“Mueller didn’t make a recommendation. I assume it’s because their reading of the law is that he couldn’t indict a president and so there is no point in making that decision and that decision is left to Congress. It’s very odd then, that the attorney general put his finger on the scale when an independent prosecutor who investigated for two years decided not to reach a conclusion.”
Mueller’s investigation included 19 lawyers and a team of 40 FBI agents, intelligence analysts, forensic accountants and professional staff. The team interviewed 500 witnesses, executed more than 500 search warrants, 13 requests to foreign governments, issued 2,800 subpoenas and 50 wiretaps in the investigation, according to Barr.
Over the course of a 22-month investigation, Mueller brought charges against 34 people, including Trump’s former campaign chairman Paul Manafort and his personal attorney Michael Cohen.
In addition, Mueller has made referrals to prosecutors in New York.
Earlier on Sunday, Representative Adam Schiff, chairman of the House Intelligence Committee, called for the report to be made public “as soon as possible so we can evaluate the body of evidence on the issue of conspiracy and look at why Bob Mueller decided not to indict now”.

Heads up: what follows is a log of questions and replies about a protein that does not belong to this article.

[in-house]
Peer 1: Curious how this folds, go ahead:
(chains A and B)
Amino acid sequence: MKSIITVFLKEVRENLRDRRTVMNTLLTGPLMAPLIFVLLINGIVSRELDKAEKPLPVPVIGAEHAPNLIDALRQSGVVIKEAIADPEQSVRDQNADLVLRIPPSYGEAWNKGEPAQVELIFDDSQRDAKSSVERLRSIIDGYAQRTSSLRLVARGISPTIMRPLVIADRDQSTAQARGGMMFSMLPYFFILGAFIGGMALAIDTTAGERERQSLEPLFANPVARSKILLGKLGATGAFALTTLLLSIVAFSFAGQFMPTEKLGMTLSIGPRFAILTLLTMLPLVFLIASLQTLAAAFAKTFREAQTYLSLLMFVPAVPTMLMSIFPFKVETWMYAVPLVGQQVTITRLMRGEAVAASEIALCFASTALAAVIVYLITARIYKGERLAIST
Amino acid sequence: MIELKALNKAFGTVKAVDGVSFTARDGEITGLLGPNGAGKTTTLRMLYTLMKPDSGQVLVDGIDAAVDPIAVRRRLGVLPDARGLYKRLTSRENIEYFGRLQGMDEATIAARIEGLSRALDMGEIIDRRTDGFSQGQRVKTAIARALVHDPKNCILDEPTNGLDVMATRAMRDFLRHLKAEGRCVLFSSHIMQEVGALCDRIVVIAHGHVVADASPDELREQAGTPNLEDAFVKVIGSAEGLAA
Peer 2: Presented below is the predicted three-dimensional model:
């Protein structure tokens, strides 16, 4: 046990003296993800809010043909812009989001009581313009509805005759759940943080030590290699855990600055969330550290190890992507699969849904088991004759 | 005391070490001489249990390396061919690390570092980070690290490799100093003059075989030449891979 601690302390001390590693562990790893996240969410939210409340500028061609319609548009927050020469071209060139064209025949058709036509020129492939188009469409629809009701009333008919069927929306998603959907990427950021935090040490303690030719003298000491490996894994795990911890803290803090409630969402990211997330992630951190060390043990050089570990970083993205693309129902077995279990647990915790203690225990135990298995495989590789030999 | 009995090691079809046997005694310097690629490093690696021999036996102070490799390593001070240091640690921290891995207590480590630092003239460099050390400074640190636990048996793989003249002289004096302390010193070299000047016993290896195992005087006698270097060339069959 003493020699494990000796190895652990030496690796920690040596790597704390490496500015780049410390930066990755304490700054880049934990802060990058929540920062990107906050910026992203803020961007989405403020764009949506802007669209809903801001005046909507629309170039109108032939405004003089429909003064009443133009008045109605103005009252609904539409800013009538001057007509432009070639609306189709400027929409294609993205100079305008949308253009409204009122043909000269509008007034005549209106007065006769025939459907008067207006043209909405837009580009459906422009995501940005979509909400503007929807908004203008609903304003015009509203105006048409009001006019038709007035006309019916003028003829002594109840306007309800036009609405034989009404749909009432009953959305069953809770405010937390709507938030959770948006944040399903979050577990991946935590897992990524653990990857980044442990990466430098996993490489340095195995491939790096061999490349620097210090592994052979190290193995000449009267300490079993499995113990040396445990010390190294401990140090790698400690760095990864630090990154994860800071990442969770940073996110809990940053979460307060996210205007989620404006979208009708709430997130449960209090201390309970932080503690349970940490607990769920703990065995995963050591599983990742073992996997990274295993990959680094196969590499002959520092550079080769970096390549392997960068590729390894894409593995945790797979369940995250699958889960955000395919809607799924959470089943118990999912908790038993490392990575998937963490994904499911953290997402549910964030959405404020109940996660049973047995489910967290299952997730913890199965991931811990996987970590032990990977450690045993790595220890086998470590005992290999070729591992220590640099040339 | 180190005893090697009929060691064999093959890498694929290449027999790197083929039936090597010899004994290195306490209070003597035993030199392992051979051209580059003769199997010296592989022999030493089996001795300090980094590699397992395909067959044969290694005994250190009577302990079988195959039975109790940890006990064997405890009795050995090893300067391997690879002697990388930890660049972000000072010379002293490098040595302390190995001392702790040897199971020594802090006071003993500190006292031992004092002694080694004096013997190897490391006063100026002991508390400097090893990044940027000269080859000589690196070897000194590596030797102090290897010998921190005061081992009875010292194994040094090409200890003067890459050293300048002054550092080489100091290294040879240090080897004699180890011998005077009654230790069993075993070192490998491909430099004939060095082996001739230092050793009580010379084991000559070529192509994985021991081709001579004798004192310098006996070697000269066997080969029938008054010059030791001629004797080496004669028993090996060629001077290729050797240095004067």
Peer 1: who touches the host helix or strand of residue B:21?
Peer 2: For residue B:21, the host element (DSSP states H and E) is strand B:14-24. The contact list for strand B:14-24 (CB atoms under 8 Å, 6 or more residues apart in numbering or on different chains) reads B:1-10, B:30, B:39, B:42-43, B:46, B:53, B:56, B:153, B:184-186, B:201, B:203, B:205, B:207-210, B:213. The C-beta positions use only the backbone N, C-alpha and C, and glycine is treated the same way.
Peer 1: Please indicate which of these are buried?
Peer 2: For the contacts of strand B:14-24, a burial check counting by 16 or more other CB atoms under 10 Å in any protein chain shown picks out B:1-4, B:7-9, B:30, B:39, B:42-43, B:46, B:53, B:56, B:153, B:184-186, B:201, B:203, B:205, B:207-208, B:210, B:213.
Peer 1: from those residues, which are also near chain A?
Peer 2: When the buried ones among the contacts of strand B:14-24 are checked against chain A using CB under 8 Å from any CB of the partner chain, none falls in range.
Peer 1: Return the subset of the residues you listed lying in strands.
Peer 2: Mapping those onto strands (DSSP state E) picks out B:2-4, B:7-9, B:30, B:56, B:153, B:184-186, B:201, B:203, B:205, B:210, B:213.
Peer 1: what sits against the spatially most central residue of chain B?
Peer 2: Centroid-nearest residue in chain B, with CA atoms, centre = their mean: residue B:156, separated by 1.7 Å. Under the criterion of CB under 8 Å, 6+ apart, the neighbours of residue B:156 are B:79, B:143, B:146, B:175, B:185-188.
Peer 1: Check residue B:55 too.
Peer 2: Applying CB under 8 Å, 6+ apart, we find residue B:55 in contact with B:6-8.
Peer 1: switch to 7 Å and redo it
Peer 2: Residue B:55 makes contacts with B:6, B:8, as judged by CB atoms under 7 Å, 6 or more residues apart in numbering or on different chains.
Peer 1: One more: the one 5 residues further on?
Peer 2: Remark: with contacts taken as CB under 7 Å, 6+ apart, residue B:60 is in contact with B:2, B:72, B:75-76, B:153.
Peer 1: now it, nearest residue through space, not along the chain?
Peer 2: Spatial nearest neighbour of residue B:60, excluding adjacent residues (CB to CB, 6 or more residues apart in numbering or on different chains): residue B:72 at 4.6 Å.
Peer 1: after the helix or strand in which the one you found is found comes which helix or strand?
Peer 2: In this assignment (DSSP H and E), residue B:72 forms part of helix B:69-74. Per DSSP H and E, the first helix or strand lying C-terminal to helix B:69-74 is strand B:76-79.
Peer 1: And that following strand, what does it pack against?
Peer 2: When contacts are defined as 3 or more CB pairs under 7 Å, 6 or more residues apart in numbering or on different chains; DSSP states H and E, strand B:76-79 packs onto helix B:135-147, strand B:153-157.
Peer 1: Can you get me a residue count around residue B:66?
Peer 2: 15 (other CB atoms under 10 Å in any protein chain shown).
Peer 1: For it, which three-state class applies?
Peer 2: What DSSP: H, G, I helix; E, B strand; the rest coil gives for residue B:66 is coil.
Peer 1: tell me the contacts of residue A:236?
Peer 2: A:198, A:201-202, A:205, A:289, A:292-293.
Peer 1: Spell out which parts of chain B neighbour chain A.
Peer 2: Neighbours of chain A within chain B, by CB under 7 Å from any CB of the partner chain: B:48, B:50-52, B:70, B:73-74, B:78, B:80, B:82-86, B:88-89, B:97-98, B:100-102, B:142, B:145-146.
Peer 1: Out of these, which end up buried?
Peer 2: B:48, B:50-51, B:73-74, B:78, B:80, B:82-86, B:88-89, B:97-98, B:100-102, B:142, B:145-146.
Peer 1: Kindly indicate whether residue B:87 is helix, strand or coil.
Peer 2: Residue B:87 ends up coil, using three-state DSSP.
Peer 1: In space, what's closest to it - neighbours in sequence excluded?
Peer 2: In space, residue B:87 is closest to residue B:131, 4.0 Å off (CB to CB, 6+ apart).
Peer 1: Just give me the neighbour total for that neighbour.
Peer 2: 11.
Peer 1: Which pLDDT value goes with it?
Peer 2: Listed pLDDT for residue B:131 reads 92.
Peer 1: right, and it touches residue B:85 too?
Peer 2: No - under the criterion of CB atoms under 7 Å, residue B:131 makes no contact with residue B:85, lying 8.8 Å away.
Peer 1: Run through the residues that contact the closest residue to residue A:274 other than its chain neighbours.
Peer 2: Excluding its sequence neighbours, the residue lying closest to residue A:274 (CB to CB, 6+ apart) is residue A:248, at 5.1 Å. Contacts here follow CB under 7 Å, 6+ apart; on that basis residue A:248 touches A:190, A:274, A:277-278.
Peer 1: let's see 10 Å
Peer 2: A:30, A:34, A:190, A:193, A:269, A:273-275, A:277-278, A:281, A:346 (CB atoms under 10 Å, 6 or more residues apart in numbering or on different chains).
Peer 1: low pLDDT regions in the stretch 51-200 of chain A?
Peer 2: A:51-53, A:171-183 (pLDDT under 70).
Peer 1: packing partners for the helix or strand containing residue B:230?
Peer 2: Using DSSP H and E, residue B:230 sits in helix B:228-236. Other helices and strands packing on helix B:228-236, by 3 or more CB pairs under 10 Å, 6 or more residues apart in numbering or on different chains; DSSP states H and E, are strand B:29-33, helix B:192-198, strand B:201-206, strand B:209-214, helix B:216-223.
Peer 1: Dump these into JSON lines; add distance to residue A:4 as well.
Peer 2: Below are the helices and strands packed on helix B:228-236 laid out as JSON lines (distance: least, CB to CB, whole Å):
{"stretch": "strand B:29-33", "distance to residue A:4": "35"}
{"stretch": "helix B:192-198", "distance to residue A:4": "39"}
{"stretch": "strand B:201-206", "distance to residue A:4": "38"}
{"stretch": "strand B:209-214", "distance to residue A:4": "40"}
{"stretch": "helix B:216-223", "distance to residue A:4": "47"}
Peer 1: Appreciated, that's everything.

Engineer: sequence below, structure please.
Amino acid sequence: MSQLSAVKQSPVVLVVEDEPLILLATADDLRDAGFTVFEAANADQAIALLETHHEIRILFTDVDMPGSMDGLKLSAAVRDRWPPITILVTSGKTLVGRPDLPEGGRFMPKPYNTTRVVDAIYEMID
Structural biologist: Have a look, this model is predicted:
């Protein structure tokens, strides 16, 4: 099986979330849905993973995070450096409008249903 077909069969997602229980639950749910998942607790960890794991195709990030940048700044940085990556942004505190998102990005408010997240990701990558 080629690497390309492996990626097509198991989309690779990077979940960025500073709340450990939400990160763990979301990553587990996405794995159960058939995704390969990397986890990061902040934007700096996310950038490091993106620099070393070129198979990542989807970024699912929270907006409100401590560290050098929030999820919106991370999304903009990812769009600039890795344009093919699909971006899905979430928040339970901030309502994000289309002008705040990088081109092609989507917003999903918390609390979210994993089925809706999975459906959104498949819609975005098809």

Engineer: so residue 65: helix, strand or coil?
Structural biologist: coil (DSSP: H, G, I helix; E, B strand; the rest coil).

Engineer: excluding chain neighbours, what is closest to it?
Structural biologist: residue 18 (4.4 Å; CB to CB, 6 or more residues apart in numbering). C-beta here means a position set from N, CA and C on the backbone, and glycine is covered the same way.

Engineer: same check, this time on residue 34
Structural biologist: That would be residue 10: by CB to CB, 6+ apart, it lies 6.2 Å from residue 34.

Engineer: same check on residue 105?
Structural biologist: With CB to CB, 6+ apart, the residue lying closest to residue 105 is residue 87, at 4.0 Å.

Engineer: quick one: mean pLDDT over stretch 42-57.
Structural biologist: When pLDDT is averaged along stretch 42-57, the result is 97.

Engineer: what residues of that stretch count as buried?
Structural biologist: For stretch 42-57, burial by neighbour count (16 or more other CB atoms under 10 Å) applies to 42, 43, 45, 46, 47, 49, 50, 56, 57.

“Mueller can’t indict the president,” he told CBS’s Face the Nation show.
“The fact there are no indictments now or in the future, doesn’t tell us about the quantum of evidence. We need to wait to see the report but I also think the attorney general needs to make that report publicly available.
“The special counsel spent almost two years almost investigating this. The public has a right to know, indeed a need to know, so that we don’t have to ask questions about what the evidence was on either of these core subjects of his investigation.”
US Democrats call on Barr to release full Mueller report
Barr had pledged to provide Congress with as much transparency as possible under Department of Justice (DoJ) regulations governing the production of reports by a special counsel.
Barr spent the weekend reviewing Mueller’s report with officials at the DoJ.
The report itself was not provided to Congress prompting calls by politicians for its release. Democrats and many Republicans have called for public release of Mueller’s report. The House voted 420-0 to approve a resolution on March 14 expressing a view the report should be made public.
With Congress on recess over the weekend, Speaker Nancy Pelosi convened 170 Democrats for an emergency conference call on Saturday to address the Democratic caucus’s posture on the forthcoming report.
“The American people deserve the truth, to know the truth. Transparency is the order of the day,” Pelosi told Democrat members of Congress, according to a leadership aide who provided a readout of the call to Al Jazeera.